4. Know that autoimmune diseases run in families.
Current research points to a genetic component in autoimmune diseases. However, autoimmune diseases are not typical genetic diseases like, for instance, sickle cell anemia, where there is a specific gene mutation. With autoimmune diseases, multiple genes are involved that collectively increase vulnerability or susceptibility. Thus, what is inherited is not one specific gene but several genes that increase risk. As a result, autoimmune diseases tend to "cluster" in families - not as one particular disease, but as a general tendency to the autoimmune process and, consequently, different autoimmune diseases. For example, one family member may have autoimmune hepatitis; another, celiac disease; another, rheumatoid arthritis.
5. Do your own family medical history.
Given the family connection, knowing the health histories of other family members is critical. For example, if your grandmother or father or sister or uncle has an autoimmune disease, you could be more susceptible to developing one yourself. Take an inventory of your family health problems, expanding your research beyond your immediate family to include grandparents, aunts, uncles, cousins and other relatives. Once you know your family history, share it with other family members and your doctor who can then assess the possibilities with a degree of accuracy and order appropriate tests.
6. Keep a "symptoms" list.
People with autoimmune diseases often suffer from a number of symptoms that, on the surface, seem unrelated. In addition, they may have suffered from other seemingly unrelated symptoms throughout their lives. It is important, therefore, to make a list of every major symptom you've experienced so that you can present it clearly to your doctor. List the symptoms in the order of concern to you.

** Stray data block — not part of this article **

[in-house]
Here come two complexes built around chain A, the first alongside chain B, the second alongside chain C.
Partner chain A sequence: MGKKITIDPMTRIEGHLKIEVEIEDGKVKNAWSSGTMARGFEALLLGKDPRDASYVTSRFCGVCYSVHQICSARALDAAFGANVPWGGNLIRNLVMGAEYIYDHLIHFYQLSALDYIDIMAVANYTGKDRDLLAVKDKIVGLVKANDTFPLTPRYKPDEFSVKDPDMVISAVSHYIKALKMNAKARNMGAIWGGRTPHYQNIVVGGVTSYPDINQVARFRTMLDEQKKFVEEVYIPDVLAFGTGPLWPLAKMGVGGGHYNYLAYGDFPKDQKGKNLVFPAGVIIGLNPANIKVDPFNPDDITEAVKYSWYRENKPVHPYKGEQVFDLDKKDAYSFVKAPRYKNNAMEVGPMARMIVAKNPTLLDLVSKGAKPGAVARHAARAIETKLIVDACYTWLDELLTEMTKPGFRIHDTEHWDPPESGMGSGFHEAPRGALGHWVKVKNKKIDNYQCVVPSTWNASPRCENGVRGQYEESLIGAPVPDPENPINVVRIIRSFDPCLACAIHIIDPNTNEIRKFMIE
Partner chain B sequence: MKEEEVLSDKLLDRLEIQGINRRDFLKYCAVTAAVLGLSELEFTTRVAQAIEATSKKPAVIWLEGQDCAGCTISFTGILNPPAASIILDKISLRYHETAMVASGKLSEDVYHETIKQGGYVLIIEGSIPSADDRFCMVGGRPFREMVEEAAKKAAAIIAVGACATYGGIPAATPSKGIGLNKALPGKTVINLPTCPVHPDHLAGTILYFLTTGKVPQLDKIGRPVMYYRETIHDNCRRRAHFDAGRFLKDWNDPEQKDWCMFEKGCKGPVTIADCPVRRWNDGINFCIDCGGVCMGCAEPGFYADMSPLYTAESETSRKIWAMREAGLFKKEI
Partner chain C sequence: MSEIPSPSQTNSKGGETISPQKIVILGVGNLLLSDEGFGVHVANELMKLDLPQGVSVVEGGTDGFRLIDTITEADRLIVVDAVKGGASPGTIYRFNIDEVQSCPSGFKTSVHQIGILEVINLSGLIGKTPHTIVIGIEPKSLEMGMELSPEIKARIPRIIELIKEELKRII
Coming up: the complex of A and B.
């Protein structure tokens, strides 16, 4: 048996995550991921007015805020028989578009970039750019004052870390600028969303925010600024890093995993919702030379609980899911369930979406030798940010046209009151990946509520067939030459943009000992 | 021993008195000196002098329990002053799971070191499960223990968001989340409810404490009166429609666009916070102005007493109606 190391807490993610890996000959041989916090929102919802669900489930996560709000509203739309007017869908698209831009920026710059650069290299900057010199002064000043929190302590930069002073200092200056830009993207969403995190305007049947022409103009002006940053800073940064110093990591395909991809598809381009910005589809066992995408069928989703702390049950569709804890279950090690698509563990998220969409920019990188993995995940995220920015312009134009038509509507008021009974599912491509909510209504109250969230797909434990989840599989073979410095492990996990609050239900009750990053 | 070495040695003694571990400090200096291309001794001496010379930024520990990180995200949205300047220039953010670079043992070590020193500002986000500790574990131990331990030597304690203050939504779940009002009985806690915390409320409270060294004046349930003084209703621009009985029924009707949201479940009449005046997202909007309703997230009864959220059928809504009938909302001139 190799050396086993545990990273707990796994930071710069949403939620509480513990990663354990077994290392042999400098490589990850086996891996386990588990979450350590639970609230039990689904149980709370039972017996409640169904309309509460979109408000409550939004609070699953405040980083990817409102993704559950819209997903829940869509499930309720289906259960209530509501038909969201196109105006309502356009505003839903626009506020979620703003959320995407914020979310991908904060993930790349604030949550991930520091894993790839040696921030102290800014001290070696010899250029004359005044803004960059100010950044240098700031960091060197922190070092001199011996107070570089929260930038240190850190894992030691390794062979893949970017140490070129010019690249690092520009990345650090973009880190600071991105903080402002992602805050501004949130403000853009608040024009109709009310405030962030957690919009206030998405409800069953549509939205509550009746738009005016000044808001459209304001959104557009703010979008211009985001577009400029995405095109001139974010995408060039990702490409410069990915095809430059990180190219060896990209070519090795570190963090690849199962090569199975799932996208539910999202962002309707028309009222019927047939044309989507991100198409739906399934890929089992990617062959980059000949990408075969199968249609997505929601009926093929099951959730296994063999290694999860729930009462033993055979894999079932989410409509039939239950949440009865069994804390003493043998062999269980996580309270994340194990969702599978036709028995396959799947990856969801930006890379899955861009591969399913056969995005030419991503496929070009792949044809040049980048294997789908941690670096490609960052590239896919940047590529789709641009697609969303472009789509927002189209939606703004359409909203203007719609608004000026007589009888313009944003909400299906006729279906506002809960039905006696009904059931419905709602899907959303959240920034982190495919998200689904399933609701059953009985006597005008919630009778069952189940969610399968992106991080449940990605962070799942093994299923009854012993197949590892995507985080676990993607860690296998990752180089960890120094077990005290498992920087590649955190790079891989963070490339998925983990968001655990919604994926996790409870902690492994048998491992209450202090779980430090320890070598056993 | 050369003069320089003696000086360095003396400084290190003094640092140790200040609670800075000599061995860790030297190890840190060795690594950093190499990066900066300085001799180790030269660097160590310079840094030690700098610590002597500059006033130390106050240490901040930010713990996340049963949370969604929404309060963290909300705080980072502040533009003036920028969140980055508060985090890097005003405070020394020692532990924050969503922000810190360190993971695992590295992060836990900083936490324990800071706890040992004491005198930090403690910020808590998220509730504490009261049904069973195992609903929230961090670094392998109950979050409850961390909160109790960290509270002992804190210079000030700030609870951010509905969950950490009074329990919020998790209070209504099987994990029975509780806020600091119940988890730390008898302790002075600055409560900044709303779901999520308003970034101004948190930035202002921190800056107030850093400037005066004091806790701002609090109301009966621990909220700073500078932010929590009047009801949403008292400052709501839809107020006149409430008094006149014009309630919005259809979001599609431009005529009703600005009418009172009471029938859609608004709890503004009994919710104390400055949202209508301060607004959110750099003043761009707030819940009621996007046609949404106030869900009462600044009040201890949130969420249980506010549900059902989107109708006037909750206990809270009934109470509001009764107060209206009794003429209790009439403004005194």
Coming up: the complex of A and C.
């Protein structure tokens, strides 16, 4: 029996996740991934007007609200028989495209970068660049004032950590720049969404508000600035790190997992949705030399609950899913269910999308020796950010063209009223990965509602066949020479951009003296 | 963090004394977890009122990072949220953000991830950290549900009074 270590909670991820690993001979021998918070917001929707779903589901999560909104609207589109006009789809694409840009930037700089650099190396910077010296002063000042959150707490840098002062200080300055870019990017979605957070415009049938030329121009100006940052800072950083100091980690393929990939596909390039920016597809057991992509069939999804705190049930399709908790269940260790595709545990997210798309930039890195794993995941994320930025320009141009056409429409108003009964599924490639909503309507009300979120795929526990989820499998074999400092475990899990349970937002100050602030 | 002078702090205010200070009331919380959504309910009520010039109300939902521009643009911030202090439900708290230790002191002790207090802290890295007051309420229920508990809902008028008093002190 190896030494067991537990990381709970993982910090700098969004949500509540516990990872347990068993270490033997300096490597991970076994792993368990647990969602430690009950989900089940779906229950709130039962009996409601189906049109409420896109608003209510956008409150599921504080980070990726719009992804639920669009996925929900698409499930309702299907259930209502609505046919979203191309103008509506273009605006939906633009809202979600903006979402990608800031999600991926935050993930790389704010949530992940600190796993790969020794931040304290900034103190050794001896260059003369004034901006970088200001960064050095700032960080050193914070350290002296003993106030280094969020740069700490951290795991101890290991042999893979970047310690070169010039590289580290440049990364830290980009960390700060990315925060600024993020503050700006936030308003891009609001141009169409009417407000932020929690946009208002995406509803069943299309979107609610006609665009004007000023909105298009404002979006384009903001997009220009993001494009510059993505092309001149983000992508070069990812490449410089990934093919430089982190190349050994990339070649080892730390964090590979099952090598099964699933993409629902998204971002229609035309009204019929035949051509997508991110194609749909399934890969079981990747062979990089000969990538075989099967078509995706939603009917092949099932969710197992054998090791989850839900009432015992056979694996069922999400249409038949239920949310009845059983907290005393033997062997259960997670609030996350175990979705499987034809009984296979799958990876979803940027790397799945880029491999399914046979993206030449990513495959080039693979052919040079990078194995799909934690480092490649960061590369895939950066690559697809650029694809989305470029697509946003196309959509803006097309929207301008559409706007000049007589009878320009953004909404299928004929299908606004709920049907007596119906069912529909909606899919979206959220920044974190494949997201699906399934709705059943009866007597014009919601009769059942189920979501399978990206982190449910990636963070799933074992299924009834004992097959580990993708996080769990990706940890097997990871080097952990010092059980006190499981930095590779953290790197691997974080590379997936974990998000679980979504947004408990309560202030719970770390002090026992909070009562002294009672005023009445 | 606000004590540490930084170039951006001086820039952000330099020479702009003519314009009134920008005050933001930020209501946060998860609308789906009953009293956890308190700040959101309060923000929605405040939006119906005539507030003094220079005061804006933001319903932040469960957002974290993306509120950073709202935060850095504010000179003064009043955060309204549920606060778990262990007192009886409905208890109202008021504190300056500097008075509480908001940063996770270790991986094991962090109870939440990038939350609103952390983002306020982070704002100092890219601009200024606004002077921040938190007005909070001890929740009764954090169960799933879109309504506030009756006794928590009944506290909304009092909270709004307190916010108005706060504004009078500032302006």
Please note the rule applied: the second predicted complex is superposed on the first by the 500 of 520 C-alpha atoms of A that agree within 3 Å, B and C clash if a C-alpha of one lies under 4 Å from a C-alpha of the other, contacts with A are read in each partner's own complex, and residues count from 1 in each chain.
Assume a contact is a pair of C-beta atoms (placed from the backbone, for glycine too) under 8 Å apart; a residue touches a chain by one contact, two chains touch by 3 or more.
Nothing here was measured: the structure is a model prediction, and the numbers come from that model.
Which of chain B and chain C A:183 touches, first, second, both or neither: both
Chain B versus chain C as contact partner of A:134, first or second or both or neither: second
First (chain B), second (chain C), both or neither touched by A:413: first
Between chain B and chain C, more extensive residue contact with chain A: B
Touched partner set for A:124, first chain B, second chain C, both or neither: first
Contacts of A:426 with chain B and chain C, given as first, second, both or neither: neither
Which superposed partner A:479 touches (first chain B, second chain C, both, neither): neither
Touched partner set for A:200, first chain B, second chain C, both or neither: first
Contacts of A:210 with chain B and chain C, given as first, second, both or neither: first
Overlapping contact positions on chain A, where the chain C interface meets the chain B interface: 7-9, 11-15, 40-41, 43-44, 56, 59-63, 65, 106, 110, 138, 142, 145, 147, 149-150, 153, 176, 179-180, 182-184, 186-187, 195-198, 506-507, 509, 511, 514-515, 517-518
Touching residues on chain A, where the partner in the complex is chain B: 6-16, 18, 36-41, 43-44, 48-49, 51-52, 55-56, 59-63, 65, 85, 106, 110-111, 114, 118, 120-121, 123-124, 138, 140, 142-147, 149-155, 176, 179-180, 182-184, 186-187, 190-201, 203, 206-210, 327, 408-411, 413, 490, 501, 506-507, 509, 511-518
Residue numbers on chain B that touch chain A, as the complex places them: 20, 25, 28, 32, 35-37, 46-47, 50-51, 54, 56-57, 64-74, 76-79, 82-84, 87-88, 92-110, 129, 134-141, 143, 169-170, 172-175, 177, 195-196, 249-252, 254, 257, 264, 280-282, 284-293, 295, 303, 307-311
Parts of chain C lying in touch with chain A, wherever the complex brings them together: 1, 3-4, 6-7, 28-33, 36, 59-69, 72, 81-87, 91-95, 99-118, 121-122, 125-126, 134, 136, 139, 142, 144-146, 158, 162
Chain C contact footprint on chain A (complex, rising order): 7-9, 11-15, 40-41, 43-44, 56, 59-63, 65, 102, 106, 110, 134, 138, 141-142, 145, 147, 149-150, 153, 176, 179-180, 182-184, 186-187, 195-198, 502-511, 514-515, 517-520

7. Realize that getting an autoimmune disease diagnosis is often challenging.
An AARDA study of autoimmune patients found that the average time for diagnosis of a serious autoimmune disease is 4.6 years. During that period, the patient typically has seen 4.8 doctors; and 46 percent of the patients were told initially that they were too concerned about their health or that they were chronic complainers.
One of the factors that makes getting a correct autoimmune disease diagnosis so difficult is that symptoms can vary widely, notably from one disease to another, and even within the same disease. Also, because autoimmune diseases affect multiple systems, their symptoms can often be misleading.
The medical community's lack of knowledge of autoimmune disease compounds the problem. Even though these diseases share a genetic background and tend to run in families, most health questionnaires at doctors' offices do not ask whether there is a family history of autoimmune disease.
8. Hold the power to protect your family's future health and well-being in your hands.
Congratulations! By working through these steps and doing your homework, you now have the knowledge to determine whether you or your loved ones could be at risk for developing an autoimmune disease.
American Autoimmune Related Diseases Association (AARDA)